Ethiopia's Grand Reniassance Dam Source Reuters Ethiopia's Grand Reniassance Dam Source Reuters

Expected Egypt, Ethiopia tension over water share: US report

Sat, May. 13, 2017
CAIRO - 13 May 2017: Heightened disputes are likely to happen between Egypt and Ethiopia over shared water resources as Ethiopia plans to begin filling the reservoir of the Grand Ethiopian Renaissance Dam (GERD) on the Nile in 2017, the U.S. intelligence Community said on Thursday in its first report on worldwide threat assessment under the Trump administration.

Egypt, which gets a share of 55 billion square meters of water from the Nile, expressed its concerns over the construction of Ethiopia’s Grand Renaissance Dam, which could negatively affect Egypt’s share of Nile water.

The construction of the dam which began in 2011 strained relations between Egypt and Ethiopia; however, Ethiopia pressed ahead with the construction of the dam, which is now more than halfway done, despite strong Egyptian opposition and plans to start filling the reservoir in 2017.

In December 2015, Egypt, Ethiopia and Sudan signed a declaration of principles in Khartoum, an agreement that emphasized the principles of cooperation, development, regional integration and mitigating significant damage.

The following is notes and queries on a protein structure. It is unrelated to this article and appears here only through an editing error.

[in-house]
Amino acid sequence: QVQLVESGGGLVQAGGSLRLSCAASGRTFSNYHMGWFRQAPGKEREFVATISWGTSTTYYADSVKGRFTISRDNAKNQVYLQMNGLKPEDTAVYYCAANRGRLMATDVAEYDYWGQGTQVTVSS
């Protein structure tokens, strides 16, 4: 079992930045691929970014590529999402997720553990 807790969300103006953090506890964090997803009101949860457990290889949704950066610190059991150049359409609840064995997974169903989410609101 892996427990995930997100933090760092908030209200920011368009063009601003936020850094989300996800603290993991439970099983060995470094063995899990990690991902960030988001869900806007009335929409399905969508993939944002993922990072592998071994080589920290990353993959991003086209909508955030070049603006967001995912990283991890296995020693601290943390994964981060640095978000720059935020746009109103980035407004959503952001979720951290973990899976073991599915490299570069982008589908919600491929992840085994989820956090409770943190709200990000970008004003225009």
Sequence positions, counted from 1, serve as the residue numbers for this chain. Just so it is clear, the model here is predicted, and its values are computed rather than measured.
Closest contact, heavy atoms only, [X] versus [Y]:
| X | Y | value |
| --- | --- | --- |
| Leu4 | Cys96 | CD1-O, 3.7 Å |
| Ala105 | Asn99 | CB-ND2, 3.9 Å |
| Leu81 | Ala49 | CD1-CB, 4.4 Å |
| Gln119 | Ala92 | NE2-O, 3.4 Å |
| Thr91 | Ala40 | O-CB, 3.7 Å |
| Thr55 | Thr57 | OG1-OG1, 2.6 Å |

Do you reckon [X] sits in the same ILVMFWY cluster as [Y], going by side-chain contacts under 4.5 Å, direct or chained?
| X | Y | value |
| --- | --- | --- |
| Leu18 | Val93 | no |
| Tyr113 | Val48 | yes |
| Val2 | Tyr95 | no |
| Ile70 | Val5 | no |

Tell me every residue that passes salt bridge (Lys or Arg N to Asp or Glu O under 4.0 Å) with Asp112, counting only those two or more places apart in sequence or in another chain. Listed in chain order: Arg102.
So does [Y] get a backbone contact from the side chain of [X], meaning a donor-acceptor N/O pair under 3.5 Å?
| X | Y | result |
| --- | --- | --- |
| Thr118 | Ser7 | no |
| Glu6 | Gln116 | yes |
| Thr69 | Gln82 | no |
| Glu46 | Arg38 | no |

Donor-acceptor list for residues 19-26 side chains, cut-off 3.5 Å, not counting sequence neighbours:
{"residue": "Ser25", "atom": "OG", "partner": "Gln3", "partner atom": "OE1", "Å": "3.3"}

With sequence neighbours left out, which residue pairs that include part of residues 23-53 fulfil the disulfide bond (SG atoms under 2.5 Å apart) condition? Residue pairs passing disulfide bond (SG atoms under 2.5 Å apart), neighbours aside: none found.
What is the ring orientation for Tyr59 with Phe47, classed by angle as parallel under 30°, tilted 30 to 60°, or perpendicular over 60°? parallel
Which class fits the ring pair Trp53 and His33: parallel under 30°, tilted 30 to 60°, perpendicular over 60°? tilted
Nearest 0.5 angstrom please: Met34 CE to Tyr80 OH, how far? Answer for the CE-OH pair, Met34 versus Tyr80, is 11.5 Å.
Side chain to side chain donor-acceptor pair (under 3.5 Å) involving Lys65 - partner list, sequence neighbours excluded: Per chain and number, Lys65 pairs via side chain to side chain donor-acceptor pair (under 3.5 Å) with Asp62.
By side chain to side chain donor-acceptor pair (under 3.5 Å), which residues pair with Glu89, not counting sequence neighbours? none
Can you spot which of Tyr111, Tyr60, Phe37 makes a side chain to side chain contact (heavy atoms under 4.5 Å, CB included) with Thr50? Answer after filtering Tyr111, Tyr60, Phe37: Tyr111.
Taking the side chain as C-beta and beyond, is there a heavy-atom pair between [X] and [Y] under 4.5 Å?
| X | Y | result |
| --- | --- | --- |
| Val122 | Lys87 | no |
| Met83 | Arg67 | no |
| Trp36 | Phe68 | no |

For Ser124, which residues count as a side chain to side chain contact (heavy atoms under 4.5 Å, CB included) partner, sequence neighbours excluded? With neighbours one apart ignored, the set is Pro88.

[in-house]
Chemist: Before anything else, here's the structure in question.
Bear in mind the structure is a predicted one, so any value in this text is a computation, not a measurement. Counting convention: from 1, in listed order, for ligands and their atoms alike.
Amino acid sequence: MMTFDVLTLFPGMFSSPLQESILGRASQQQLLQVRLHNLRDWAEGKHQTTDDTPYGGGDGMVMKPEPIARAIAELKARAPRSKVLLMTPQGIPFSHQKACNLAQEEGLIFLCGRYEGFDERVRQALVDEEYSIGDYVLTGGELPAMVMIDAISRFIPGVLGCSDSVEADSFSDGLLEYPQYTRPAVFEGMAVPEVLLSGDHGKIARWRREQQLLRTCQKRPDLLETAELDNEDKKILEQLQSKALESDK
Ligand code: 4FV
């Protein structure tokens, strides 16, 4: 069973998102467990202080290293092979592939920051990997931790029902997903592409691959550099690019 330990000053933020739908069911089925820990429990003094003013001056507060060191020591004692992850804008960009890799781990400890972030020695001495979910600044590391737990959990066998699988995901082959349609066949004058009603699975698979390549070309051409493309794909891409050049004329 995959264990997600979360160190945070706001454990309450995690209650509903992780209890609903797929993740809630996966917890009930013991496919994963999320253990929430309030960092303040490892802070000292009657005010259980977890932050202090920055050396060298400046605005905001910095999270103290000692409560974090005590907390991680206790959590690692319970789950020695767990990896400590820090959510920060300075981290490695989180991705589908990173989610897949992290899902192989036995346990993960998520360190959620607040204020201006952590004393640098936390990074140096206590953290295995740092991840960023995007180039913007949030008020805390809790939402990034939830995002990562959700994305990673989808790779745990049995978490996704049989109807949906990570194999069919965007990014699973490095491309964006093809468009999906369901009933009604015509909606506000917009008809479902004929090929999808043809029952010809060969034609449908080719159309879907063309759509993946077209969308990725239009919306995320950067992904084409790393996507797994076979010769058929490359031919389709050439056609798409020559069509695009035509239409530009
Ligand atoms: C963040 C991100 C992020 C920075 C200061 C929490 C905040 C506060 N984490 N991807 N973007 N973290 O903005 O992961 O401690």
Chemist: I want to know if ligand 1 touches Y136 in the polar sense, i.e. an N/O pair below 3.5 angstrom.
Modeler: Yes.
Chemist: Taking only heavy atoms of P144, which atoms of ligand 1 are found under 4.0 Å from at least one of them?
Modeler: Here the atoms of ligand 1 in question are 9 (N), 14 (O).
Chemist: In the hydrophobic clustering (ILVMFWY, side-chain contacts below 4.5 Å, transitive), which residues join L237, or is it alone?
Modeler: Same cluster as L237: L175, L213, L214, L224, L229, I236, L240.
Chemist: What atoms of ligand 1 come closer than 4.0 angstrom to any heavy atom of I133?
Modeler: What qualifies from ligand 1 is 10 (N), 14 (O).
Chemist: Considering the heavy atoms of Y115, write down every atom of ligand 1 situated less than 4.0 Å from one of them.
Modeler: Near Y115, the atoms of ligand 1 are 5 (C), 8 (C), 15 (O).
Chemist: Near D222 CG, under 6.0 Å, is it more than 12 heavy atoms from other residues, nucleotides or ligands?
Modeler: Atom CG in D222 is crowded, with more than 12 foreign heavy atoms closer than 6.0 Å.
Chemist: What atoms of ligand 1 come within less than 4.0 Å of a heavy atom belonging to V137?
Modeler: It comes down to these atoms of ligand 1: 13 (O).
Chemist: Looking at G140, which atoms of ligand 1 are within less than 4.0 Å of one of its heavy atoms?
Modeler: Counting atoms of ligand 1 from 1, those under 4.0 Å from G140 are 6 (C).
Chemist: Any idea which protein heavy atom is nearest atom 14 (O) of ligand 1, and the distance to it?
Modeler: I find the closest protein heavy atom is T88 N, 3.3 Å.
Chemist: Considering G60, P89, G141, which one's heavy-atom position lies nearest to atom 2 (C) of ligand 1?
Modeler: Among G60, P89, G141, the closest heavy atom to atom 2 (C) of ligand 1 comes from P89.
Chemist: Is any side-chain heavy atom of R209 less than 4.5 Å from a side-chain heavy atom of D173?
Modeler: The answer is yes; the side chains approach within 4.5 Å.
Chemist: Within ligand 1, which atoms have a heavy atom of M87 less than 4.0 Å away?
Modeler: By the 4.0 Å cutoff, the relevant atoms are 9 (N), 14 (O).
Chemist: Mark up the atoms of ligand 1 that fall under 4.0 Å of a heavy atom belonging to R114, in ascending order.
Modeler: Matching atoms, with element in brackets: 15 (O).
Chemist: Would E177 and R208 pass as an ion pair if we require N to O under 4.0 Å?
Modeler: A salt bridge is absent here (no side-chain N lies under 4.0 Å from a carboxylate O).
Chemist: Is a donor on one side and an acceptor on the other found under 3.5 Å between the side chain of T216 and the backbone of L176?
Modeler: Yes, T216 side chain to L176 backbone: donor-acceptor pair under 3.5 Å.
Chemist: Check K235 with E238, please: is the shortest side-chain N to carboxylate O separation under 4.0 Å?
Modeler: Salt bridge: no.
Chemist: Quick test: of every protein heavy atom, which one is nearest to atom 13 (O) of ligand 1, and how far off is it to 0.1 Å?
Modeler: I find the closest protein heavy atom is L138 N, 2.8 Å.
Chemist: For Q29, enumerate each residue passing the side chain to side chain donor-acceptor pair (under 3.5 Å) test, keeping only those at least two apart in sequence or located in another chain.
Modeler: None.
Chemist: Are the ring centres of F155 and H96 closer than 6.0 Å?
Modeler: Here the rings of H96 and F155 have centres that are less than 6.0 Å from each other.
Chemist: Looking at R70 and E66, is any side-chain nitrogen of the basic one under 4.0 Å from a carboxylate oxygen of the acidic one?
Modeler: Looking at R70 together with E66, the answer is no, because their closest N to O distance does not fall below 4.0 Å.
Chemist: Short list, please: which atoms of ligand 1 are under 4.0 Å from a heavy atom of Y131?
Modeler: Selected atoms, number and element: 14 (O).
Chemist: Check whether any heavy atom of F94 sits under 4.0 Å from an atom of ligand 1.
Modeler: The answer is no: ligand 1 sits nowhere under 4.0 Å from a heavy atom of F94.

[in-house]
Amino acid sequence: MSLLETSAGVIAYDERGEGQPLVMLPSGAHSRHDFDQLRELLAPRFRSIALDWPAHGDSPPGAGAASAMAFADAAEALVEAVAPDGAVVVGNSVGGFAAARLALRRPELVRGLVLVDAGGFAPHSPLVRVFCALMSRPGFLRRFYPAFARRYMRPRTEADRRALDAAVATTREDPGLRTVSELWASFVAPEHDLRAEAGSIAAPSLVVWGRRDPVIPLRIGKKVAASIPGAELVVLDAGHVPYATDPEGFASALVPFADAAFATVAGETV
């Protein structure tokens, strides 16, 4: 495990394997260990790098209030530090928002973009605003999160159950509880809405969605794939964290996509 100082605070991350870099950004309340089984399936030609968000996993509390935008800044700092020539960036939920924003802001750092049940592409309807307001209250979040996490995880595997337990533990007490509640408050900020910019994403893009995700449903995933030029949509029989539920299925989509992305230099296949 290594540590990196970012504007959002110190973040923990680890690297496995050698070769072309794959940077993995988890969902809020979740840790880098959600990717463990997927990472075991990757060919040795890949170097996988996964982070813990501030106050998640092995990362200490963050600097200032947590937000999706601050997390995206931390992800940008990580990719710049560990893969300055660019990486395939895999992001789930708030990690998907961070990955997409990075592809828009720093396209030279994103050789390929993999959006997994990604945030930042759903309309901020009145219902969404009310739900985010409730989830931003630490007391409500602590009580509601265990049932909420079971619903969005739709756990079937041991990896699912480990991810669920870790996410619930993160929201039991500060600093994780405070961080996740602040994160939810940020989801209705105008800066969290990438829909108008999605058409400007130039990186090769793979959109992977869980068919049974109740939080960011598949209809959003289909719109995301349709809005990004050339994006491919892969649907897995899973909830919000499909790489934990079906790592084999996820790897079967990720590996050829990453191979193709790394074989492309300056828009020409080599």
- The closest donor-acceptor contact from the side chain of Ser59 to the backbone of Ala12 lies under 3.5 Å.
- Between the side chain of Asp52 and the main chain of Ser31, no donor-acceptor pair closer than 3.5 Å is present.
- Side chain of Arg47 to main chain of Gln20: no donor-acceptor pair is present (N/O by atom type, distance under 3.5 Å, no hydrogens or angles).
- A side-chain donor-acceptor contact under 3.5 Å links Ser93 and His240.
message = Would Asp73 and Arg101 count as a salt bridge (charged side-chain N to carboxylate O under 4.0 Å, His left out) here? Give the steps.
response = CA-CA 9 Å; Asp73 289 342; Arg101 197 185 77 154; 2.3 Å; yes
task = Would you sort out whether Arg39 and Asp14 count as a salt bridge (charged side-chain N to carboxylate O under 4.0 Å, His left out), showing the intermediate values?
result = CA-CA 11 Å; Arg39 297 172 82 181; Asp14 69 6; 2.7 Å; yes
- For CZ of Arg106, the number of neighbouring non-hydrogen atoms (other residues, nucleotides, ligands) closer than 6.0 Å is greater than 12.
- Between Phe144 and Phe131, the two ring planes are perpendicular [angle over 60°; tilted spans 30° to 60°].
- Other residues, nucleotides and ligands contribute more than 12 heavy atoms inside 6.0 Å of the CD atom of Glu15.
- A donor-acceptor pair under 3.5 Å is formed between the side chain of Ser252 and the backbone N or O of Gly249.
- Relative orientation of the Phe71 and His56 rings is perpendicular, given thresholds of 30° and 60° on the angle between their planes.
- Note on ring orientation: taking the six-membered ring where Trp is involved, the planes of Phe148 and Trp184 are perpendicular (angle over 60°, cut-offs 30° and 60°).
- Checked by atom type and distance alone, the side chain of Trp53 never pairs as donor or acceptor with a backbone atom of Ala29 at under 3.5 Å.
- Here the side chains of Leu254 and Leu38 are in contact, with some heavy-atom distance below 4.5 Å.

The US Intelligence report on worldwide threats also tackled the cyber-attacks threats, noting Russia’s “highly advanced offensive cyber program” which was evident in the Russian efforts to influence the 2016 US election, as well as China’s and Iran’s cyber attacks targeting US and its allies and North Korea's cyber-attacks against “US commercial entities”, specifically, Sony Pictures Entertainment in 2014.

The report highlighted Iran as “the foremost state sponsor of terrorism”, alongside the Lebanese Hizballah, both whom poses threats to the US, and surely the report didn’t overlook the Islamic State (ISIS) as an active terrorism threat.

On Friday, a massive ransomware cyber-attack hit nearly 100 countries, with Egypt being among the top 20 countries affected by the attack. The cyber-attack has infected thousands of computers worldwide, including the National Health Service (NHS), Britain’s health system, and the global shipper FedEX.

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